After being fired as head coach of the New England Patriots, in 1999, Pete Carroll spent two years in the coaching wilderness. Worried that his next chance might be his last, Carroll called Gallwey looking for guidance on how to clarify his coaching philosophy. Gallwey, in turn, referred Carroll to Sean Brawley, a former professional tennis player from New Orleans and the only Gallwey-approved instructor in the voodoo of the Inner Game. Brawley had once been ranked 148th in the world, in 1984, but his career quickly tanked: By the end of 1985, he was 783rd, and he quit tennis to go into banking and real estate. Brawley started playing small tournaments again in the early '90s, but his results were lagging until he picked up a copy of The Inner Game. He won the next tournament he entered. "I hadn't read any sports psychology books," Brawley said recently, several decades of living in California having scraped away any bayou from his accent. "In the '80s, it just wasn't very big."
Brawley sought out Gallwey as a mentor, and realizing his career as a pro had likely peaked, no matter what books he might read, turned to coaching, first as tennis director at a country club, then as a mental guru for hire. He landed work at USC, his alma mater, where he worked with the university's golfers, its women's basketball team, and members of the track team. With his consultation, Brawley says the school of engineering began giving The Inner Game to its students.
When Carroll was hired as the head coach at USC, in 2001, he asked Brawley for help applying the Inner Game to his new job. "He was afraid he might have only one more shot," Brawley says. "It was mostly him telling me what he thought he did well, and me telling him why it worked." What Carroll had always done well was run a defense, so at USC, he decided to act as both defensive coordinator and head coach. Carroll's high school coach had handed out Maxwell Maltz's Psycho-Cybernetics, a self-help book that promotes goal-setting as the means to a successful life. Carroll, in turn, started giving out The Inner Game to some of his players at USC, and would occasionally quote from it in conversations with the team as a whole. He began referring to his goal of creating a "self-actualized" football program that depended on "divine nonchalance." He later titled one chapter of his own book "The Inner Game of Football."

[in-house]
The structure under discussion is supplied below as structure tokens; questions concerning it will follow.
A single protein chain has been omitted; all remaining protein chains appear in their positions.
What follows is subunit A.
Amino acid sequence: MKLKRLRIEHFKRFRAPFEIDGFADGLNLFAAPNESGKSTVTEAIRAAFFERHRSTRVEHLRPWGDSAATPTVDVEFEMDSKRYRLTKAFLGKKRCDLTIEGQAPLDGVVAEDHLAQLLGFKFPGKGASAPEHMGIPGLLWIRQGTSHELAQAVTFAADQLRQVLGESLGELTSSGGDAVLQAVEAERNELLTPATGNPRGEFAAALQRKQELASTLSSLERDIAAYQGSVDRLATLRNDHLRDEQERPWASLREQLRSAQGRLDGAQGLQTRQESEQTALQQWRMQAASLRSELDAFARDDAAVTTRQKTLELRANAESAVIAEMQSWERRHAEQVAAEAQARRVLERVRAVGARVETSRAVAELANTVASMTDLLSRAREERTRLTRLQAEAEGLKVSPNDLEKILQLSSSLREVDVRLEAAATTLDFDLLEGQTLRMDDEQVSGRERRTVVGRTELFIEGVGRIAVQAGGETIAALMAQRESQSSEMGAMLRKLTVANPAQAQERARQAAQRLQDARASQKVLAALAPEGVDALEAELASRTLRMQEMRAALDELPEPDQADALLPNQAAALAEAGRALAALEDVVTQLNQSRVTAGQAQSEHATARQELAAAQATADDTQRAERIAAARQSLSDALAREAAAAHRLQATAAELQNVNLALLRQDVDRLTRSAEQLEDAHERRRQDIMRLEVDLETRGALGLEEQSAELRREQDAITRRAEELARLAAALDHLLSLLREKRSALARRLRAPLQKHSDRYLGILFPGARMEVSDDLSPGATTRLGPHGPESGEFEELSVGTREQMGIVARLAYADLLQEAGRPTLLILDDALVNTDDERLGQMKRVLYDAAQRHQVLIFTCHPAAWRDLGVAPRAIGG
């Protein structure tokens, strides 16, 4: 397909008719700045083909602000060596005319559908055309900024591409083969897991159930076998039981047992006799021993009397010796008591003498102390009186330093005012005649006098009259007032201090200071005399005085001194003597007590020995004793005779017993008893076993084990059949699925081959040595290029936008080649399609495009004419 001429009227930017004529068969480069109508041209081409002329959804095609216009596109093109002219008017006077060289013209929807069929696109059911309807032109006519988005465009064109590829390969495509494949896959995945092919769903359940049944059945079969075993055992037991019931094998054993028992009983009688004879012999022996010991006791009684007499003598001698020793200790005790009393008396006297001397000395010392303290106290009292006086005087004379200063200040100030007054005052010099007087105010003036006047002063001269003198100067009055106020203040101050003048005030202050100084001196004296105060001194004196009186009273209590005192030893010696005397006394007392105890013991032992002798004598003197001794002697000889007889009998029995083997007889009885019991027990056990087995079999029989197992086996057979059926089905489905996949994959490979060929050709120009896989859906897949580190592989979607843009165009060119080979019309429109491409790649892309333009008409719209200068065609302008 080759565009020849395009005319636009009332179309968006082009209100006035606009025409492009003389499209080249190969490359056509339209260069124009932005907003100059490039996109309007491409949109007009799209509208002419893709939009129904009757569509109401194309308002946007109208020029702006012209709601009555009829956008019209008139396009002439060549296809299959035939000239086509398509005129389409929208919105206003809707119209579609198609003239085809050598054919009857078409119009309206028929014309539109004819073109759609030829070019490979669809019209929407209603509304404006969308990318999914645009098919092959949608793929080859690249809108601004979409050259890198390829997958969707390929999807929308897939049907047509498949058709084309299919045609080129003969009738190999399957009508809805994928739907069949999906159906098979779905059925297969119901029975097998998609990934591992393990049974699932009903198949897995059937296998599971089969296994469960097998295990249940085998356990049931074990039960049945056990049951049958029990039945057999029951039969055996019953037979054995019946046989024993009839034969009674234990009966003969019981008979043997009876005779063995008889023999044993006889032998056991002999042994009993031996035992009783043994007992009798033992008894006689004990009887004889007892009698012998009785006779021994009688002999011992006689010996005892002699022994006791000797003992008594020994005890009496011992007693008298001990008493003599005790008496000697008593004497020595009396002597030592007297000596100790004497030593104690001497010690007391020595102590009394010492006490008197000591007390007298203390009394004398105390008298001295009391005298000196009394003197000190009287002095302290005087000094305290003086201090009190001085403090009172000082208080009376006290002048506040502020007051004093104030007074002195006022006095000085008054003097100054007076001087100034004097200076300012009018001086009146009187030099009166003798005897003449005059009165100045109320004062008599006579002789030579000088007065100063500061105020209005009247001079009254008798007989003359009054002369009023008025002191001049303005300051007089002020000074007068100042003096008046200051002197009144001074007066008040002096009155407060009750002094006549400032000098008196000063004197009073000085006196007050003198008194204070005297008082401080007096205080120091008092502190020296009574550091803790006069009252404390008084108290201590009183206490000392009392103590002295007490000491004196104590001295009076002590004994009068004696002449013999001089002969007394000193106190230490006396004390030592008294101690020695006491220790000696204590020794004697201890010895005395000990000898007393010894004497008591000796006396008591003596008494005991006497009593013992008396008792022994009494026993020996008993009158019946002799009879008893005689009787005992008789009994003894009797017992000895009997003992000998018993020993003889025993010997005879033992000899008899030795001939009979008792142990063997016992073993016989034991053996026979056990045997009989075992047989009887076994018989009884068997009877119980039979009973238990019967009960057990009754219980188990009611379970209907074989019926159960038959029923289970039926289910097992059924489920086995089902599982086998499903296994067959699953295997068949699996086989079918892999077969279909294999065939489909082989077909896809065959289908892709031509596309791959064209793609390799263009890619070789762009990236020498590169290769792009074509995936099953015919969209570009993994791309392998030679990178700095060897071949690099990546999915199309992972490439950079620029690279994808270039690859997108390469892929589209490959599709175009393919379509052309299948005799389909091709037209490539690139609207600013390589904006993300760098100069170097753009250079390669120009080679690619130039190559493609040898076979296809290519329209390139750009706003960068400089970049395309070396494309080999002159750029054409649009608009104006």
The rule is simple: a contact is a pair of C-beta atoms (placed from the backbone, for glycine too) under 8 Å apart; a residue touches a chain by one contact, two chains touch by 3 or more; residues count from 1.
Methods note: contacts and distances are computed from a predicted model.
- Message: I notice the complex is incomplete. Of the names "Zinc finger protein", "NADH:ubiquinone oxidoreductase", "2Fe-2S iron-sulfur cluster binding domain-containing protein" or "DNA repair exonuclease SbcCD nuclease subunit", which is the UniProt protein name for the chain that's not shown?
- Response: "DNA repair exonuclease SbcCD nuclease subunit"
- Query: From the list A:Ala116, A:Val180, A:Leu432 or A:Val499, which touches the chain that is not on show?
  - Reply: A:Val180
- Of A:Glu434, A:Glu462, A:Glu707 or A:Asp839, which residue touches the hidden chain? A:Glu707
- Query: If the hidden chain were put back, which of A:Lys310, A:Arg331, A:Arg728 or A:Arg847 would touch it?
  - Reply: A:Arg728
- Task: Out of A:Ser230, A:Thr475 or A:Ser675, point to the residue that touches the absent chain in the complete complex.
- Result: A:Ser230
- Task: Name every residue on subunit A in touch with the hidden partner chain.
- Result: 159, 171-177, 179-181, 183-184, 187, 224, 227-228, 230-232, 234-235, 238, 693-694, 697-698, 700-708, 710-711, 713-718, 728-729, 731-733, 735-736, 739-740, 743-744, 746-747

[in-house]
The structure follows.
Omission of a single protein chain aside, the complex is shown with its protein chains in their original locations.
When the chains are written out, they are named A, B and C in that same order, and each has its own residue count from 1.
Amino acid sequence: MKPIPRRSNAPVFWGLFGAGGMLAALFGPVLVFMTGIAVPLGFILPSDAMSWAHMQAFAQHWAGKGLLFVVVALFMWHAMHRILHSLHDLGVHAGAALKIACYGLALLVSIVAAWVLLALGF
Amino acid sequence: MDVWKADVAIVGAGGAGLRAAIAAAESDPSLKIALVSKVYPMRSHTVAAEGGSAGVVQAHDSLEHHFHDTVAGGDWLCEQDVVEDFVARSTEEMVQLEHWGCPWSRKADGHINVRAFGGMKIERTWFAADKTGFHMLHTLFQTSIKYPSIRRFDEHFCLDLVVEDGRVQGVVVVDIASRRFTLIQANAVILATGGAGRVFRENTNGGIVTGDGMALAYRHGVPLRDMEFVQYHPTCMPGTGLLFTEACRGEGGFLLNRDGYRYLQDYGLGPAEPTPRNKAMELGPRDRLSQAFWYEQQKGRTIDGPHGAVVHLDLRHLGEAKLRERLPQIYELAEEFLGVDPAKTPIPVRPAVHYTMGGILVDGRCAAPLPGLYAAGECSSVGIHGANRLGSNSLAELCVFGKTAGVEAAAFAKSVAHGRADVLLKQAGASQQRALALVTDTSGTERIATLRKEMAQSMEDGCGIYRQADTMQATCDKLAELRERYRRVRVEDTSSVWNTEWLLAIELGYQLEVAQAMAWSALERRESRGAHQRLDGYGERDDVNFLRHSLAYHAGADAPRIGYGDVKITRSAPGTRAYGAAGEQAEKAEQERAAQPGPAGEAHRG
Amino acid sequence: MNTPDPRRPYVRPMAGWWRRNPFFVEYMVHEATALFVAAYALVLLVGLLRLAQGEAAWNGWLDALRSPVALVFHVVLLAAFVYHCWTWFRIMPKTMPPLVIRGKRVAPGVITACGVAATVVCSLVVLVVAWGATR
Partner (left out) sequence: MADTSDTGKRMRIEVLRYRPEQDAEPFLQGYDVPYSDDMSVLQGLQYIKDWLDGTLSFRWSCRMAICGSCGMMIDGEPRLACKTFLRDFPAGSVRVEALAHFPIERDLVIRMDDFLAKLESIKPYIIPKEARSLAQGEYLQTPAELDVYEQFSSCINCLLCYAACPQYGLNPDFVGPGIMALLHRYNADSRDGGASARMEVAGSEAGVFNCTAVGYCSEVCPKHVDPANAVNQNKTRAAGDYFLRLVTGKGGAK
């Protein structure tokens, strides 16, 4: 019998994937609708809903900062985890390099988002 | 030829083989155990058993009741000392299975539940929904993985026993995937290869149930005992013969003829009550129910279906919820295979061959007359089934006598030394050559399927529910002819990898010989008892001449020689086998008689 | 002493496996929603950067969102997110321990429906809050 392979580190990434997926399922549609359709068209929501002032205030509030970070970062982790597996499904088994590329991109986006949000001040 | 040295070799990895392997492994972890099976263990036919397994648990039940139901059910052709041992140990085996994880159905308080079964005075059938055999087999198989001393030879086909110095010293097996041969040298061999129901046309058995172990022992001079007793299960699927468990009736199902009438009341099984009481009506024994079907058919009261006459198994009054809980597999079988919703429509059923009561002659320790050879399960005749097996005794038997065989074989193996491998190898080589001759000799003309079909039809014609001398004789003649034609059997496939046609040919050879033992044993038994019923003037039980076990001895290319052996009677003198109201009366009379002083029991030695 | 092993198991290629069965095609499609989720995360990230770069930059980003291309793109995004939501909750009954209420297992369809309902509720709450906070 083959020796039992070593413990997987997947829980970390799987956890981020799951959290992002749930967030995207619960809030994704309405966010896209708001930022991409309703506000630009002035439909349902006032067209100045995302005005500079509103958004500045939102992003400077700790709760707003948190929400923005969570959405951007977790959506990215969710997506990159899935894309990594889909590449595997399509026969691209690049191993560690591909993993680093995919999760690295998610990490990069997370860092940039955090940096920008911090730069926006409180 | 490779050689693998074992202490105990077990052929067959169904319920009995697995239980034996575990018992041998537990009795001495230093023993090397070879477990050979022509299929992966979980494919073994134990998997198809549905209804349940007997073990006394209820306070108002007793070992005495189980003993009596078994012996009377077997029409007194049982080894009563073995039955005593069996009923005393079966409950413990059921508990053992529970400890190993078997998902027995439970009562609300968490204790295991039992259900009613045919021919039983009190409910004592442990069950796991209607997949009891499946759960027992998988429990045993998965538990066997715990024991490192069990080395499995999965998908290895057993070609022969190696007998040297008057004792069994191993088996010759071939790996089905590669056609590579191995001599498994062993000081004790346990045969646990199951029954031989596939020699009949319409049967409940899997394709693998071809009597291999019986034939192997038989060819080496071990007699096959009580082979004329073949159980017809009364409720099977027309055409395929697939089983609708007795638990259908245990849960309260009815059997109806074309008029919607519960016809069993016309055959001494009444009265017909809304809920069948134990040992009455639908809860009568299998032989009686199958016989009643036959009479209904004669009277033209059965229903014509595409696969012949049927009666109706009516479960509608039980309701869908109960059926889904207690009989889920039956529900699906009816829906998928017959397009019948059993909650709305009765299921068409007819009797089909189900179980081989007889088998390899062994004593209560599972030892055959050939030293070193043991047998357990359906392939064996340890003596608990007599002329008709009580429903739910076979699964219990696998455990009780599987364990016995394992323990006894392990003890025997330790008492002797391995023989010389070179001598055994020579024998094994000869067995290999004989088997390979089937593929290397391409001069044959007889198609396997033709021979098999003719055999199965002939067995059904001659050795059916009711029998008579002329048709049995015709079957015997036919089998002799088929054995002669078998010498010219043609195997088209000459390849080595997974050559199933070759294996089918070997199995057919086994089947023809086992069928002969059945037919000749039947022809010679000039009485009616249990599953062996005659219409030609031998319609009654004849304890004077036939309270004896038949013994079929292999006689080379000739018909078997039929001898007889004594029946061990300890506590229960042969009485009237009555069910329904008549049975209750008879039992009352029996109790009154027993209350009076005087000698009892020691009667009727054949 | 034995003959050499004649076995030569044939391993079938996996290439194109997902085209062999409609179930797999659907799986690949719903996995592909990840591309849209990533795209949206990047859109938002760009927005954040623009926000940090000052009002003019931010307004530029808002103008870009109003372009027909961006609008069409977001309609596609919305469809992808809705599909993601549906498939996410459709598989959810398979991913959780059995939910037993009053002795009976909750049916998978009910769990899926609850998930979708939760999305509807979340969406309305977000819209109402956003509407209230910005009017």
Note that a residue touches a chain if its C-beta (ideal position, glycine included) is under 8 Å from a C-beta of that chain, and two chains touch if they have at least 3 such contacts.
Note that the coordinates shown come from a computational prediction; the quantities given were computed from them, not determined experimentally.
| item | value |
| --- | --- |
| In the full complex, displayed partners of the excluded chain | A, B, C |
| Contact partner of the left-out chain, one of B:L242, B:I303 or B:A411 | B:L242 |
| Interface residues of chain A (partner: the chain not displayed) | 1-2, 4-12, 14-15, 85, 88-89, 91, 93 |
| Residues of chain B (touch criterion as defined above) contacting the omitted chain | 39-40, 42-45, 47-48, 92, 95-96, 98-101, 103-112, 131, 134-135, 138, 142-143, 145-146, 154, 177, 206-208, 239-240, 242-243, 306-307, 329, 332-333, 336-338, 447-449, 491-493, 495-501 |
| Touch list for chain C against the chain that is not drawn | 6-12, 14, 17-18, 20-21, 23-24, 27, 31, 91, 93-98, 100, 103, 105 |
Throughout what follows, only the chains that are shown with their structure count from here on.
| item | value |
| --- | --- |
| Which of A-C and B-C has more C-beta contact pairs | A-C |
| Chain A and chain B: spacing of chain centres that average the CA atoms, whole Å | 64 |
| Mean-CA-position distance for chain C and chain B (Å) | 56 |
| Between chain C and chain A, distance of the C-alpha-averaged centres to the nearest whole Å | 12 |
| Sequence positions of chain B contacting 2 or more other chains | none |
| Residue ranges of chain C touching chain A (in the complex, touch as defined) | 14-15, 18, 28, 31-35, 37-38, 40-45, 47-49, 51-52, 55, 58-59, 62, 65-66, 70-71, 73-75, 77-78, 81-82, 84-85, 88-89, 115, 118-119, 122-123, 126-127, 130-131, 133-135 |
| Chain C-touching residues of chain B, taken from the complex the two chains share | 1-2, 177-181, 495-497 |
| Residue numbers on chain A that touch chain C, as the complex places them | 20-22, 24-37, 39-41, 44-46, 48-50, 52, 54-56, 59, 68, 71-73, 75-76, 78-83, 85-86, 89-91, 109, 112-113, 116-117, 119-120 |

Eventually, Brawley began working with specific Trojans — "Some athletes don't have time to read a book," he says — including Lawrence Jackson and Kyle Williams, an offensive lineman who considered leaving the team after he was called for three false starts in one game. ("I wish I had known about it sooner," Williams said of The Inner Game.) One year, when Carson Palmer looked sloppy during spring drills, Brawley determined that Palmer was simply bored and unfocused — "They repeat the same drills and the same play over and over," Palmer complained to him — and worked with offensive coordinator Norm Chow to adjust practices accordingly. Chow, now the head coach at Hawaii, gives The Inner Game to many of his quarterbacks.
As a sophomore, Reggie Bush was struggling as the team's punt returner. "There were two games where he had two fumbles in both games, and suddenly developed a fear of dropping the ball," Brawley said. "He was always thinking, Don't fumble, don't fumble."
Over lunch, Brawley quizzed Bush.
"When the punter kicks the ball, can you see it?"
"OK, once the punter kicks the ball, start counting to eight, and get to eight right when you catch it," Brawley told Bush. It worked. "It doesn't matter if he gets to six or eight. The counting already takes his mind off fumbling," Brawley said. Bush went on to lead the Pac-10 in punt return yardage.
The practical lessons of The Inner Game — not getting bored, counting in your head — can sound so simplified as to become meaningless. When pressed to explain their techniques, or why people should buy into the philosophy, proponents are insistent that the very question is inappropriate. "I don't want anybody to buy in," Brawley told me. "There isn't an Inner Game approach." I told him it was unclear to me how The Inner Game had helped one Trojan, a kicker who had been missing field goals to the right, and began making them again only after Brawley instructed him to intentionally miss the ball to the right. Brawley replied, via email: "I'm not surprised you're unclear!! Many IG coaching techniques or interventions seem 'paradoxical' at first glance." There was no further explanation.
Yet coaches have found the book useful in many disciplines, especially working with athletes whose role is solitary. Scott Owens, head coach of the men's hockey team at Colorado College, gives it to his goalies. Al Golden, head football coach at the University of Miami, gives it to his quarterbacks. Paul Westhead, the former NBA head coach, now with the University of Oregon's women's team, distributes a handout with key points from The Inner Game and uses it to work with free-throw shooters. "I just talked to one of my players who'd been a little erratic on her free throws," Westhead told me. "In the book, the concept was, Just hit the ball over the net, and don't care where it goes. You're just trying to strike the ball properly. So I stood in front of her and said, 'I want you to shoot the ball as if I'm a photographer for Sports Illustrated and all I care about is your form. The camera won't see where the ball goes.'"